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Water for Consumption

The provision (including retaining and storing) of water for consumptive use for a variety of purposes (e.g. aquaculture, production, humans, stock, irrigation and cooling).


Millennium Ecosystem Assessment Service Category

Provisioning Services


What is water for consumptive purposes and how is it derived?

SEQ catchments supply water for a wide range of consumptive purposes.

Water for consumption is one of the most readily recognisable ecosystem services as humans directly use the product 'water' in just about evey aspect of their lives. The most recognisable use of water is for drinking purposes, therefore this ecosystem service is both life supporting and life sustaining. The provision of this service is also vitally important to maintaining the economy of SEQ and the culture of the SEQ community. The large water supply catchments of SEQ supply water for households, industry, power production and agriculture. Quality of life in SEQ is therefore underpinned through access to a secure quantity of water of useable quality. In SEQ, the importance of this service is evident in the existing provision of markets for this ecosystem service. 

While non-climate dependent sources of water such as desalination and recycled water have been at the forefront of public debate in SEQ, the reality is that most people in the region depend on rainfall and our water supply catchments for most of their needs. Rainfall fed catchments provide the majority of water for consumption in SEQ.

Table 1 below presents the magnitude different ecosystem functions contribute to the provision of water for consumptive purposes (relative to other ecosystem functions). Rain falls over land before dispersing through overland and underground flows. Water becomes stored in soils, aquifers, rivers, wetlands and dams. Both the quantity of water falling in the catchments and the quality of water flowing into our storages is influenced by regulating functions (such as climate regulation, water regulation, soil retention, disturbance regulation and waste treatment and assimilation) that operate on global, regional and local scales.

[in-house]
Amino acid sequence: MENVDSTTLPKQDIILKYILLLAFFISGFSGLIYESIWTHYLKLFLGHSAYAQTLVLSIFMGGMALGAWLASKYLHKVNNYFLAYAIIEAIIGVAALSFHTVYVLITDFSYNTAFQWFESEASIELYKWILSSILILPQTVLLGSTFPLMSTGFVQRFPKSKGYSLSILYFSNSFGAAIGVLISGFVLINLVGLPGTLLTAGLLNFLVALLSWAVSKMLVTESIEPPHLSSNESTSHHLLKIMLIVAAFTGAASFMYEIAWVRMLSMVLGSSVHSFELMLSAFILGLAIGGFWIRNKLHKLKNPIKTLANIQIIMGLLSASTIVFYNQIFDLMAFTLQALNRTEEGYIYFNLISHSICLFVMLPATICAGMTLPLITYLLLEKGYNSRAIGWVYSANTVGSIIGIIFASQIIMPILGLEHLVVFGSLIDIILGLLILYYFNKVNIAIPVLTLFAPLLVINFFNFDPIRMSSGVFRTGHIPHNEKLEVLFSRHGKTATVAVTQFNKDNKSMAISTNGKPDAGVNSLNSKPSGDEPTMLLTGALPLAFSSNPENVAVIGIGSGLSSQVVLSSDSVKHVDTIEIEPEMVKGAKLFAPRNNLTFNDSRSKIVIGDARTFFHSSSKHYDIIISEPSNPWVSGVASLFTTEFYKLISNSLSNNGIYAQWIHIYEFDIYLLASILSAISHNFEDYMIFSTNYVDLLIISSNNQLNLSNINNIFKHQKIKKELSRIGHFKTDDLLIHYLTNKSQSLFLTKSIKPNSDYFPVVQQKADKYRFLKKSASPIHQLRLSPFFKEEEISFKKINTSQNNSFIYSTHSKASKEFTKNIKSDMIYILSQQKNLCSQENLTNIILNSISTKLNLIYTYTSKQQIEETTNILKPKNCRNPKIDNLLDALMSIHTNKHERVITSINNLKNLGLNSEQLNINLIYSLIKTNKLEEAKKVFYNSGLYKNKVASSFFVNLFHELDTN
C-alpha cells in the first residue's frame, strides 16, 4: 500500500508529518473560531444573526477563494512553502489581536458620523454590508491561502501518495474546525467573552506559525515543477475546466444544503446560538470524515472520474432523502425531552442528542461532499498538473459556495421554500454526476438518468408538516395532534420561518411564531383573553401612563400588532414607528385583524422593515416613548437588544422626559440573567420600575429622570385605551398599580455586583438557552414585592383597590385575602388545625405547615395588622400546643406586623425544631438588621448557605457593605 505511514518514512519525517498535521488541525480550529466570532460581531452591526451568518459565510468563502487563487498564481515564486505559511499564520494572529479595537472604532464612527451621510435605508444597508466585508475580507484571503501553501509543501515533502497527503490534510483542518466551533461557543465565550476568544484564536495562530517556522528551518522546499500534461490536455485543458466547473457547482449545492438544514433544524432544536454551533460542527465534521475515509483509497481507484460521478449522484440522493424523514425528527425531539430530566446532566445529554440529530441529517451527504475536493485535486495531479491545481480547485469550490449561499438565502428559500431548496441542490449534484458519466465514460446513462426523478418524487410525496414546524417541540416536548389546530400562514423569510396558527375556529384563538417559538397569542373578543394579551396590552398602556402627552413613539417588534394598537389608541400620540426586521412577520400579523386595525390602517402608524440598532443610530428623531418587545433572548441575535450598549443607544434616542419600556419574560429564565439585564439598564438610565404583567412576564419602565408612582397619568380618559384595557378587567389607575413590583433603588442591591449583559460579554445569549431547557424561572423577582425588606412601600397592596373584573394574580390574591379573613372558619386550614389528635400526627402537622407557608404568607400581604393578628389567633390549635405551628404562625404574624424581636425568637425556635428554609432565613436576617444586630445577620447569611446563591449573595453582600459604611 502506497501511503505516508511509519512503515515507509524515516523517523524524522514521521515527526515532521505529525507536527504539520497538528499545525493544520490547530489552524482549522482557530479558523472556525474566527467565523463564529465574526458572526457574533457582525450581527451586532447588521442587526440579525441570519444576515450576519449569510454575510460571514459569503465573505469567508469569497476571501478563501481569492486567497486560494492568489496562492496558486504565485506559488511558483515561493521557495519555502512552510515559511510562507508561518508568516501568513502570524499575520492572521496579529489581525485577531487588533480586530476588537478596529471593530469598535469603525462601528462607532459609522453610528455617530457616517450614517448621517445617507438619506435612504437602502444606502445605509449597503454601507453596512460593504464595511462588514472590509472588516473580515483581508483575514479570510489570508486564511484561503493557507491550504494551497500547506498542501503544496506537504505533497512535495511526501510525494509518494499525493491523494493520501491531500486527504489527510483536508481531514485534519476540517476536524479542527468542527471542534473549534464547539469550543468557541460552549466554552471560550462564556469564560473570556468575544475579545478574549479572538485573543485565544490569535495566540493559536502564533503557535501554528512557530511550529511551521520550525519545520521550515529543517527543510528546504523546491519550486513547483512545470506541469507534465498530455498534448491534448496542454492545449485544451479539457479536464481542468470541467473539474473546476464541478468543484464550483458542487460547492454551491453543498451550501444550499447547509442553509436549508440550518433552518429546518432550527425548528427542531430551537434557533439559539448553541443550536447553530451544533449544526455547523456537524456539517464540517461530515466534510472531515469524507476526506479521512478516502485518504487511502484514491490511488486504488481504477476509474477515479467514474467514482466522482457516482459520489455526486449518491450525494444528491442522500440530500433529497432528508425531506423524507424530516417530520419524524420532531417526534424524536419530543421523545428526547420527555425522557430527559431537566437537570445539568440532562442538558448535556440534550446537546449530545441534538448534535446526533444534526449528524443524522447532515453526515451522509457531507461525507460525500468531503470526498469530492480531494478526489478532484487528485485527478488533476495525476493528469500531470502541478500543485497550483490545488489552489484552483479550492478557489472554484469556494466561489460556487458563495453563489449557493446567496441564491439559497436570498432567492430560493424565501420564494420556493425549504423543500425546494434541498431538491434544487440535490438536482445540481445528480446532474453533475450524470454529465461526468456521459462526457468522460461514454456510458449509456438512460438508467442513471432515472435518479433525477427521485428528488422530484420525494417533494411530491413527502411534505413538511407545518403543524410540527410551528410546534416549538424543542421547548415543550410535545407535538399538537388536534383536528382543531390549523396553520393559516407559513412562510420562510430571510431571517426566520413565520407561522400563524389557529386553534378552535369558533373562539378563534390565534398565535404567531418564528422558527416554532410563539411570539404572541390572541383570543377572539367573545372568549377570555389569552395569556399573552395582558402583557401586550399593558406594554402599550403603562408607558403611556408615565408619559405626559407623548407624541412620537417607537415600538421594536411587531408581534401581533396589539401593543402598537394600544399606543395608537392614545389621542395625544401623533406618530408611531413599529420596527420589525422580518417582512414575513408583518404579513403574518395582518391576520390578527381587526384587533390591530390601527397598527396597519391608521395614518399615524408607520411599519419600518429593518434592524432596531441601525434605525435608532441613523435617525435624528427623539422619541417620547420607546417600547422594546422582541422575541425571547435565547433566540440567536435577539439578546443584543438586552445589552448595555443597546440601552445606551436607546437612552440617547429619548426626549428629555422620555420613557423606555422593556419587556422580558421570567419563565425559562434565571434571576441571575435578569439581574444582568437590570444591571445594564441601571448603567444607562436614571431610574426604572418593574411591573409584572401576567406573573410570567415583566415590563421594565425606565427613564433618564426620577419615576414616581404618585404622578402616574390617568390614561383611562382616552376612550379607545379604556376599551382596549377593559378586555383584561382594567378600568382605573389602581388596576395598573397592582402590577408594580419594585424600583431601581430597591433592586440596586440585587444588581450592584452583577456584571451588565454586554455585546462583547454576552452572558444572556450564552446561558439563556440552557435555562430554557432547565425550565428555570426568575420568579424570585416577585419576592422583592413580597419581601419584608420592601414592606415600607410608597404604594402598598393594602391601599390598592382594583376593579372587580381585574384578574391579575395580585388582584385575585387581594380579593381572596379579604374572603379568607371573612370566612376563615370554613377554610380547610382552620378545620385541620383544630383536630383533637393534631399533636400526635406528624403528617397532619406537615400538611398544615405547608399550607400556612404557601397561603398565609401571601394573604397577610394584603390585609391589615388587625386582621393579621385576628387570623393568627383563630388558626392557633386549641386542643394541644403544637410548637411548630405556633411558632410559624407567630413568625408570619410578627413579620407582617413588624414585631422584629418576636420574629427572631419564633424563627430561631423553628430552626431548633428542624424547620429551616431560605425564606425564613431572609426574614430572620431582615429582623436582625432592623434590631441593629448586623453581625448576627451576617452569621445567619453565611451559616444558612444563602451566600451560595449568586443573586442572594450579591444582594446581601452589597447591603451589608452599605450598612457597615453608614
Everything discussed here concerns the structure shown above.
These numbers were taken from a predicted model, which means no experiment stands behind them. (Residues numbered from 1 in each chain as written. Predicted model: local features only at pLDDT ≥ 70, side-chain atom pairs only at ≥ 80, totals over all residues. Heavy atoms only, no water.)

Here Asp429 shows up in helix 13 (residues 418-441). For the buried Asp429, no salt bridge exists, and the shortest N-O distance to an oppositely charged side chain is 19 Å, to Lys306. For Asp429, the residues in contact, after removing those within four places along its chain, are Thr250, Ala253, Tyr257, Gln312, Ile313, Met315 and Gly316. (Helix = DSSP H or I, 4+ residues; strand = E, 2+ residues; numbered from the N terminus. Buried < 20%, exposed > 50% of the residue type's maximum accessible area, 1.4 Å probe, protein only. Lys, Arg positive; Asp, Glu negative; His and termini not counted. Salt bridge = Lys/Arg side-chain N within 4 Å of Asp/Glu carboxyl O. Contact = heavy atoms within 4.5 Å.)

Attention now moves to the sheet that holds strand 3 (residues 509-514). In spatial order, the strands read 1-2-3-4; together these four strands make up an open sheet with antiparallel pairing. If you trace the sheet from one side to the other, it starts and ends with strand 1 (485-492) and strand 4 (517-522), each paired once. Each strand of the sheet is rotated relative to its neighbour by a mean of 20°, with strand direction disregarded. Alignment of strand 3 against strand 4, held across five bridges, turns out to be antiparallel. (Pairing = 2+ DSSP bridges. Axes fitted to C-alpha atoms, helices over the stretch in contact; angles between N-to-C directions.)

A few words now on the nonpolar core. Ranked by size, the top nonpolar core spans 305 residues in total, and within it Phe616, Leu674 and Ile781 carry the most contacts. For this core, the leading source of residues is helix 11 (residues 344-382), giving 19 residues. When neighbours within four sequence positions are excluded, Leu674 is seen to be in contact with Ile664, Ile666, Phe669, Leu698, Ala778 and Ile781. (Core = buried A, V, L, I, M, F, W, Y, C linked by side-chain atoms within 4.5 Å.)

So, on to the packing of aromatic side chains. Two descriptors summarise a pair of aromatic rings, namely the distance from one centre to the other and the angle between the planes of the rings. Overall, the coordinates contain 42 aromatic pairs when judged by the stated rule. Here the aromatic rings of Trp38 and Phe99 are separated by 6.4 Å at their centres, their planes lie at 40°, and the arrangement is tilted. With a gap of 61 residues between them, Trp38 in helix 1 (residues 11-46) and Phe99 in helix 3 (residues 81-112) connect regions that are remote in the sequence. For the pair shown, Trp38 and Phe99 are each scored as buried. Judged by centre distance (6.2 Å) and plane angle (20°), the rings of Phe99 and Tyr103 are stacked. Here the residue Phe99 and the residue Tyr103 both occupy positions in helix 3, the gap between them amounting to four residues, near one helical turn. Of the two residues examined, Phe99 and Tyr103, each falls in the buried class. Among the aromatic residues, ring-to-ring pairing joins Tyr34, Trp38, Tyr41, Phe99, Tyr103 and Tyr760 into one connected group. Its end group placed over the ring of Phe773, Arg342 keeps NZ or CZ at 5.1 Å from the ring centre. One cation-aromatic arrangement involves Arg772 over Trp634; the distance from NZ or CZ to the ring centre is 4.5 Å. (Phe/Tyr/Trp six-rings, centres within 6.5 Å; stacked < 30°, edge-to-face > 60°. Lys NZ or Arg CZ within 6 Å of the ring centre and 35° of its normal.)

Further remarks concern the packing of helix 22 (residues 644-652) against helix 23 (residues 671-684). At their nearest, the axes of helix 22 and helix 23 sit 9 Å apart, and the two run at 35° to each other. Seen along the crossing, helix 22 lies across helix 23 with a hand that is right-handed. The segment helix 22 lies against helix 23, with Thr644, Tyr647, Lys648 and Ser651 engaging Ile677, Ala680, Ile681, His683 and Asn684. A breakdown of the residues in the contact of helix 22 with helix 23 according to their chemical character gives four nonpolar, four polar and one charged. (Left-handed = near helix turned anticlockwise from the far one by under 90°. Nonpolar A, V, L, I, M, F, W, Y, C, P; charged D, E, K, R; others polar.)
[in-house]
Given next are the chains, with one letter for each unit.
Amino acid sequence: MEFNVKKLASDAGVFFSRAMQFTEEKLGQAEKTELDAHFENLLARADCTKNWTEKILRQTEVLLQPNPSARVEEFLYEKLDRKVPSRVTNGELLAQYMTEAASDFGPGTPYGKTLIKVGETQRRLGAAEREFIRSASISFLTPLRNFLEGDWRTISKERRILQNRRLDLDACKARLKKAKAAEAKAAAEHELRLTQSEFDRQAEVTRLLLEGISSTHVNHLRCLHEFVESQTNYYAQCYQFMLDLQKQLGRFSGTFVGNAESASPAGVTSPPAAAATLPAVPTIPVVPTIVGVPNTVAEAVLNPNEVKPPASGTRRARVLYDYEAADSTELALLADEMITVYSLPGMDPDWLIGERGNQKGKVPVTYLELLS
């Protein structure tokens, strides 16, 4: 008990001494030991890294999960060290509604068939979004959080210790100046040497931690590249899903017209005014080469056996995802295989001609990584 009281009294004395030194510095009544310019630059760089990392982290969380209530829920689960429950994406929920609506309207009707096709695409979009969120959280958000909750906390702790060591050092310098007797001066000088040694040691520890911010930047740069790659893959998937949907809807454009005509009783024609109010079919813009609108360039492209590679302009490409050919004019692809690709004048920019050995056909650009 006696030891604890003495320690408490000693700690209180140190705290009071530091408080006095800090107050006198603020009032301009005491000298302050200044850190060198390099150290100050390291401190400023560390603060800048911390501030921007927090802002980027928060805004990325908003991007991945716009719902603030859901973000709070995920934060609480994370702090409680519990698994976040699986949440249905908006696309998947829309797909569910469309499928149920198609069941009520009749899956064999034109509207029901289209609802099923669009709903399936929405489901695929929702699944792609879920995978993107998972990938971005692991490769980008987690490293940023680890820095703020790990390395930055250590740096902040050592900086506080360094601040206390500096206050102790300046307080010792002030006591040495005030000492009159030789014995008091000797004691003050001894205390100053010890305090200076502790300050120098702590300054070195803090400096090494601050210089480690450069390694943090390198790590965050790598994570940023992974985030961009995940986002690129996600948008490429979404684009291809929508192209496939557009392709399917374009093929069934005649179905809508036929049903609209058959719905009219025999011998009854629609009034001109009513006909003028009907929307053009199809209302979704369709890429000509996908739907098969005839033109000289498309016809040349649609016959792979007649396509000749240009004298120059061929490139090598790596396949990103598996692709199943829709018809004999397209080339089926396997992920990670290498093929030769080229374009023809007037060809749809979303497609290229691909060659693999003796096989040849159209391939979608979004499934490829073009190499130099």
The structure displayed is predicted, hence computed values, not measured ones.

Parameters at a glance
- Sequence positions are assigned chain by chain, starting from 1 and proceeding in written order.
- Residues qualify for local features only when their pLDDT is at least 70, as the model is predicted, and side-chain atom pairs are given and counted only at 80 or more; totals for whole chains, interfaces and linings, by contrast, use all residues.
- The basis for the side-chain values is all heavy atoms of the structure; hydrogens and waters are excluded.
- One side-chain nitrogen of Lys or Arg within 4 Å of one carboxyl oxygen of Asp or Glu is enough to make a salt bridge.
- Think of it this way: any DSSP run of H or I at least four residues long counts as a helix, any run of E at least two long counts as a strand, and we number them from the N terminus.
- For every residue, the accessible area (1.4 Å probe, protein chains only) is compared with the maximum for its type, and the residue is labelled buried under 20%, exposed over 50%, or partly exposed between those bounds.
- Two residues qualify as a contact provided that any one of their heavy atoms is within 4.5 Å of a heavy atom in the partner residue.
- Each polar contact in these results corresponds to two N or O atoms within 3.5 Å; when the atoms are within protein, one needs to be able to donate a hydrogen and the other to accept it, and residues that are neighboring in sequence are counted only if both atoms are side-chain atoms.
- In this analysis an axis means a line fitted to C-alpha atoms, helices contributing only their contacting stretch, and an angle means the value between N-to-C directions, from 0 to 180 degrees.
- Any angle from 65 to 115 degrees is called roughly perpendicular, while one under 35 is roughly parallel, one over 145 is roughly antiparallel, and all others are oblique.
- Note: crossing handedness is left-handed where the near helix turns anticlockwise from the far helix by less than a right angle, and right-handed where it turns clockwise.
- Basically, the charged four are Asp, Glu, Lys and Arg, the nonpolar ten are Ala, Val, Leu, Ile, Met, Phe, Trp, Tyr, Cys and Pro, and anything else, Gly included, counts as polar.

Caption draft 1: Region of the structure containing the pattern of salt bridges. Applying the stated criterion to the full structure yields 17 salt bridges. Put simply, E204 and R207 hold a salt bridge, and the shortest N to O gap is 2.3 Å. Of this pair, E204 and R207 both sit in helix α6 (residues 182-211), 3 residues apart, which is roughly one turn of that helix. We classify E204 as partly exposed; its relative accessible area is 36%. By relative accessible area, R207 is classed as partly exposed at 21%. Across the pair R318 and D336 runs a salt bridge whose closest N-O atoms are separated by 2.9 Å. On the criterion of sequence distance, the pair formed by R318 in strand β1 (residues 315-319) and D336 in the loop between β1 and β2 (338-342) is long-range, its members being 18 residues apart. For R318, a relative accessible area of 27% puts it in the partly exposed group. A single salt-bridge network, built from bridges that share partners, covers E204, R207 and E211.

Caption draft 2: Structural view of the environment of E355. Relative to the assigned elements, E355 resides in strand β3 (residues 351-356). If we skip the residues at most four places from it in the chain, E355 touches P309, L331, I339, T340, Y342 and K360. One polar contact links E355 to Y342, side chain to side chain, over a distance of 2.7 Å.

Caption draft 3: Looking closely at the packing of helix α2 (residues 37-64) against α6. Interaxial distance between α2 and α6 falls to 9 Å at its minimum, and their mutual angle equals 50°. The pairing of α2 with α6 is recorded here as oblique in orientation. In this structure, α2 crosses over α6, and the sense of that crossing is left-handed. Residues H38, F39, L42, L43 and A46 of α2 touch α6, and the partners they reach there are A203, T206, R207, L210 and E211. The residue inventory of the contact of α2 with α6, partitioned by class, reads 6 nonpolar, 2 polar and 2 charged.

Supporting habitats such as vegetation on slopes, stream banks and in stream habitats are vital for not only maintaining the above mentioned functions and for biodiversity's own sake, but also for provding water through precipitation and maintaining the landscape for further delivery of this ecosystem service. Recent modelling suggests a link between vegetation cover and climate outcomes (including precipitation) at a local scale. For example, replacement of native woody vegetation with crops and grazing in southwest Western Australia and eastern Australia has resulted in significant changes in the regional climate with a shift to warmer and drier conditions. 


Table 1:The relative magnitude (to other ecosystem functions) each ecosystem function contributes to Water for Consumption.

Ecosystem Function Category Ecosystem Function 0
Regulating Functions
Gas Regulation

Climate Regulation

Disturbance Regulation

Water Regulation

Soil Retention

Nutrient Regulation

Waste Treatment and Assimilation


Biological Control

Barrier Effect of Vegetation

Supporting Functions
Supporting Habitats

Soil Formation

Provisioning Functions

Raw Materials

Water Supply

Genetic Resources